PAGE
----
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Really spectacular – Amsterdam

Yesterday I went to my first Deep Purple concert since the Concerto Tour in 2000. I was willing to see them again, just because I really admire the new album Rapture of the Deep, but also because I wanted to see them play in the Heineken Music Hall.

Everything was very, very good. The atmosphere, the opening act (really don’t know who they were, but they took their stand as warmup for Deep Purple, singing Iahan Gillàààn repeatedly. Funny guys from the south of the Netherlands) and of course Deep Purple. And it was loud! Very very loud. (one time it hurted my ears…)

The show opened on the two video screens left and right of the stage. Very nice feature, these screens. Just before the band came upon the stage there was a short film of a big trunk being opened by one of the roadies. The 5 guys we all came to see came out of the trunk and walked towards the stage door.

Then the show kicked of with Pictures from home, with the well known, brilliant Drum intro from Ian Paice. Very nice show opener, will probably remain the opener for this tour. It made everybody move, jump, swing, clap … have fun.

They went straight on with Thing I never said, what a great Rock and Roll song, I feel a bit pissed that it is not on my special edition, metal case cd… 🙁 Very very good song, played at full volume …)

The whole show followed more or less the same setlist as the other shows. Back to Back was left out, and unfortunately we didn’t get to hear Speed King, but Mary Long and Hush were a real treat ! Absolutely fabulous.

Wrong man still appeared to be difficult for Ian Gillan. He started with the lyrics of the second verse, instead of “I wasn’t in the room when the action was going down … ” He still was paging through his textbook and yet made the mistake. Is he nervous? As the show moved on, he didn’t need the book anymore, and the performance of the new songs got better and better (if any improvement was still possible, because it was first class already)

Living wreck, complete with the fresh style of timing by Ian which I like very much, was real treat. It is nice to hear an old song being performed live in such a strong way. (did I already say it was loud?)

All the other songs were performed with splendid musicality, the titelsong from Rapture of the deep is not my personal favorite, but live it was taken to the level of Perfect Strangers. It is much better than on the album, in fact all the new songs have a much more energetic feeling ion their live versions. (This show calls for a live album gentlemen!)

Before Time began was also very nice and then Ian Gillan told the roaring crowd that we were left in the capable hands of Steve Morse. He played a beautiful version of Contact Lost driving up to The Well Dressed Guitar. Specially for these solo parts the video screens were superb, also because the camera work was done very well. Really like it!!

The Morse solo was highly appreceated by the crowd. At the end I jumped out of my chair to applaud as loud as I could. (Just like many others!) It took us to “Lazy”, one of my favourites. Execellent, brilliant, need I say more? … Loud maybe? (this is the song in which one chord of Steve really made me grab for my right ear, it hurted like hell for half a second…)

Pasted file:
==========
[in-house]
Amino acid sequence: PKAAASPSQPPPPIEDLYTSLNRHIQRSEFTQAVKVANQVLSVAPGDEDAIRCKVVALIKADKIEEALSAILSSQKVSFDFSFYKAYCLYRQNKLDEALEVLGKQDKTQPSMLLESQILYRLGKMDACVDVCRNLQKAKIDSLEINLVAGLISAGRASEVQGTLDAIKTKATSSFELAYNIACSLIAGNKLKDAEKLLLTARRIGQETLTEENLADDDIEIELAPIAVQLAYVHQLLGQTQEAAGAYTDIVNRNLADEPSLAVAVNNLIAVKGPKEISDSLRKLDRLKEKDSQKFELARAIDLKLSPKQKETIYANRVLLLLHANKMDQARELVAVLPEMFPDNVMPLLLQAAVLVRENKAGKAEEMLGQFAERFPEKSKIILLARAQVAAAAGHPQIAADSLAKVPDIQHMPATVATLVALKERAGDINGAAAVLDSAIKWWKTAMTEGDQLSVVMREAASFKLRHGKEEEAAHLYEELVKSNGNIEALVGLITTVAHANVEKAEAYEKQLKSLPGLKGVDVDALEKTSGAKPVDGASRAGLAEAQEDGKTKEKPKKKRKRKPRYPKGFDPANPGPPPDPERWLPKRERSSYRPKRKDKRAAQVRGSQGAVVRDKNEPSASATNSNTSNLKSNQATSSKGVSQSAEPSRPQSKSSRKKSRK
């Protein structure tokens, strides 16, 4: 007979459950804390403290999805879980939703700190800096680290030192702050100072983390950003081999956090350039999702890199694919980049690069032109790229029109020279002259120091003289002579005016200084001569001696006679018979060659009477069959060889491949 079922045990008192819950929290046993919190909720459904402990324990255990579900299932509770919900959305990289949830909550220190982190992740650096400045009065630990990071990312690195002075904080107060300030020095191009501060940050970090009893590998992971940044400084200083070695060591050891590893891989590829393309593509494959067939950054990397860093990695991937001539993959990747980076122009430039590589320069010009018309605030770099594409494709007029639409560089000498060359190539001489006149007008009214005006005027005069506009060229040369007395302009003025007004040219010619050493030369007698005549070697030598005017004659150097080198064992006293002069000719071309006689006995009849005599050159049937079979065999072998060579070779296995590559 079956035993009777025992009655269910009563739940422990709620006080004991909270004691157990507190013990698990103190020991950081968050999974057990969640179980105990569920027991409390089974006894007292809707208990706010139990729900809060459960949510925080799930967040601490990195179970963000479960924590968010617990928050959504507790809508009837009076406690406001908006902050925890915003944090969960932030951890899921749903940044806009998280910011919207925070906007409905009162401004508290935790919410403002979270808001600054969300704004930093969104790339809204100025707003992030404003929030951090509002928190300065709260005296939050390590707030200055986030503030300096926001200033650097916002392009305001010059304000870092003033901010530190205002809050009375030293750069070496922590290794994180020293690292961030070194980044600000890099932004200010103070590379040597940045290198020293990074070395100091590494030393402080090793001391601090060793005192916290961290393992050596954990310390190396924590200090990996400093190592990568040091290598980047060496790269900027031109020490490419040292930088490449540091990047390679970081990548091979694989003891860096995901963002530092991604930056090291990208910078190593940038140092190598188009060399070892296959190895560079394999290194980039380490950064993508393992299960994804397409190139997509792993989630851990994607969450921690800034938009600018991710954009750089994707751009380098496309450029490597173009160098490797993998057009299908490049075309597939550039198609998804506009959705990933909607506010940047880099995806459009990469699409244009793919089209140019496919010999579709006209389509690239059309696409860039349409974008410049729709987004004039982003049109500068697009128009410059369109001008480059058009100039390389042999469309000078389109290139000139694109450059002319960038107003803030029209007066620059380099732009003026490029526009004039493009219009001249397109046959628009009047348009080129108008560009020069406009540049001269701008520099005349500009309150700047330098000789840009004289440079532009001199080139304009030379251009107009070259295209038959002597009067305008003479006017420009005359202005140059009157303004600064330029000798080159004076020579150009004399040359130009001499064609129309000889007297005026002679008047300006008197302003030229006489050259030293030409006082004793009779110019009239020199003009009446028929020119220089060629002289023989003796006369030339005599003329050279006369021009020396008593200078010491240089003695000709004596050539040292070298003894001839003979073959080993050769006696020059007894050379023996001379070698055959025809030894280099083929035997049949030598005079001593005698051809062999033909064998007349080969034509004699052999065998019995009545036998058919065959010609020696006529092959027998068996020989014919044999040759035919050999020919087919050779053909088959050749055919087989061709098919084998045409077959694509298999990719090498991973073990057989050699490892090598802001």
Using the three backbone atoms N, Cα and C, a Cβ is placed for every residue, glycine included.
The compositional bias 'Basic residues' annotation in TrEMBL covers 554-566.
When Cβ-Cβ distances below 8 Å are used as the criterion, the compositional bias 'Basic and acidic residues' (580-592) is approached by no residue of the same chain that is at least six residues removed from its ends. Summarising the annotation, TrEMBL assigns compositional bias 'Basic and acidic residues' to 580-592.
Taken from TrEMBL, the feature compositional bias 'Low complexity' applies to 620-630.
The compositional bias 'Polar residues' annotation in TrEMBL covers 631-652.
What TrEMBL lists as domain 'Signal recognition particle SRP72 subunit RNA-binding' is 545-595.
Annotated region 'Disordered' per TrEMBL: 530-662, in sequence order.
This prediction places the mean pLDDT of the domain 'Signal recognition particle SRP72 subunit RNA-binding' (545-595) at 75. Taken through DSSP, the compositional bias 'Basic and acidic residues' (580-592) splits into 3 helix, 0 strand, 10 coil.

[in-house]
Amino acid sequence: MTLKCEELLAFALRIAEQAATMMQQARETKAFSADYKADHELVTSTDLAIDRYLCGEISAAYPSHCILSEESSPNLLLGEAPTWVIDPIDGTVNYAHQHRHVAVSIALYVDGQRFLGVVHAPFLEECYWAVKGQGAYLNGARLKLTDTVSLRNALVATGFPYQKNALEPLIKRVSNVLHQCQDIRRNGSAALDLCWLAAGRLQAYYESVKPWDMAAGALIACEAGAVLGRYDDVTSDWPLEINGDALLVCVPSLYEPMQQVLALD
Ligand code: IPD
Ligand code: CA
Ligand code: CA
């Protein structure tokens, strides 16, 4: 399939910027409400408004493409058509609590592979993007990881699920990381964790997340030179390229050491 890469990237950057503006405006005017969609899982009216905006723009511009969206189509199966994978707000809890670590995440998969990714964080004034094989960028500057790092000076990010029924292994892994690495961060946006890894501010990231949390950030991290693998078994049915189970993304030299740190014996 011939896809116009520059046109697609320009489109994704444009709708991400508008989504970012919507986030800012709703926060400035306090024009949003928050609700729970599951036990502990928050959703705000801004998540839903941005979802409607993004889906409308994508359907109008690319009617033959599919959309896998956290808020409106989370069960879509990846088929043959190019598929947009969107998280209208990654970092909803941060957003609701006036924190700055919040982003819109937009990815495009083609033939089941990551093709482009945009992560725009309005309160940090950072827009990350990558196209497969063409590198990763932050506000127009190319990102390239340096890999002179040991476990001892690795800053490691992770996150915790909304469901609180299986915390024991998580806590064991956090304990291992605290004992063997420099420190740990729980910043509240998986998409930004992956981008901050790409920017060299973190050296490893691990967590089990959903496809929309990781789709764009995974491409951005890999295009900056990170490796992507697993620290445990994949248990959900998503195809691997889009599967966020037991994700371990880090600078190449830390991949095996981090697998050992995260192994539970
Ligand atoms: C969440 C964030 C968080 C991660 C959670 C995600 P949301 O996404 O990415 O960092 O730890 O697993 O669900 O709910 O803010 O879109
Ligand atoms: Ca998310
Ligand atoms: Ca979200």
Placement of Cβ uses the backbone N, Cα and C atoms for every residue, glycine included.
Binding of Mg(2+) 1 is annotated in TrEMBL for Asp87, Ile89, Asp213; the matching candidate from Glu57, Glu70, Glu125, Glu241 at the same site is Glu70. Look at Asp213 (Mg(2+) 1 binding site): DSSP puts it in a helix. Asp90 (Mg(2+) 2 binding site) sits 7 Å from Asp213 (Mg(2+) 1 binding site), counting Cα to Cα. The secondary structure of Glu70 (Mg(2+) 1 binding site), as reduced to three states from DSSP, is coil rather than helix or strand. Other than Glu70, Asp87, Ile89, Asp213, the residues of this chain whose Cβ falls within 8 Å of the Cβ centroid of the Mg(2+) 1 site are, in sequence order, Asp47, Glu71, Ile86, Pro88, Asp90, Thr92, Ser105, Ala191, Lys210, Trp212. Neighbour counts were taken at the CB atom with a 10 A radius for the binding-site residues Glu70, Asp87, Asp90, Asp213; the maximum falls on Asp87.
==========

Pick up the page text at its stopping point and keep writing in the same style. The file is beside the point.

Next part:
And then, the Keyboard Solo. Don really took over from Jon Lord in a very pleasant way. He’s got his own style and being a real Jon Lord fan I’m reluctant to say that I think Don Airey is more all-round. He was playing syths, moog, piano, hammond and another keyboard. WOW WOW WOW!!! He kicked off with a Lord-like classical piece of Beethoven, moved on, performed the Star Wars theme beautifully and even incorporated “Tulips from Amterdam” very funny sing-along song from the early fifties. It raised a big laugh by the audience. The solo could have gone on and on for ever, but took us to Perfect Strangers.

Yeah Perfect Strangers, it made full use of the wonderfull lighting kit. Sometimes so bright you could hardly look towards stage. Really spectacular !!!!!

Junkyard blues was introduced as a “true story” about an era where Ian had no money and had to sleep in an old car.
Excellent live song.

Then came another surprise, Hush !! To me, this line up, with Don behind the keys, has given the best performance of that song I have ever heard. I did like the Kula Shaker version, but now we know how we really got to know it…
Good chance for a chart single, a live single?

Then we were leaving the rock ‘n roll highway to go “up there” and Ian pointed to the ceiling… SPACE TRUCKING! It’s been a while since I heard that one live… wow… at that time I was hoping the evening would never end…

It was Machine Head time… we were also treated on Highway Star and of course, again with a roar from the crowd, Smoke on the Water. I think everything there is to say about these songs had already been said in the last 30-something years… I will remember the bass-solo and the drum solo forever. (What a beautiful Bass Guitar Roger. Very vintage, great sound.)

The fab five left the stage briefly, to return for the encores, Kiss Tomorrow Goodbye and Black Night. The latter being turned int o a real sing-along by Steve Morse.

All the band members appeared to have a great time. And so did we.

The sound quality in the Heineken Music Hall is indeed splendid. No reflections from walls or ceiling, just music coming from stage. For the first time I could really identify every instrument. Specially the Bass made a great impression. (Hopefully my ear will recover, maybe it just needed some training… )

Thank you guys, keep on Rocking!!!

Robert Daems



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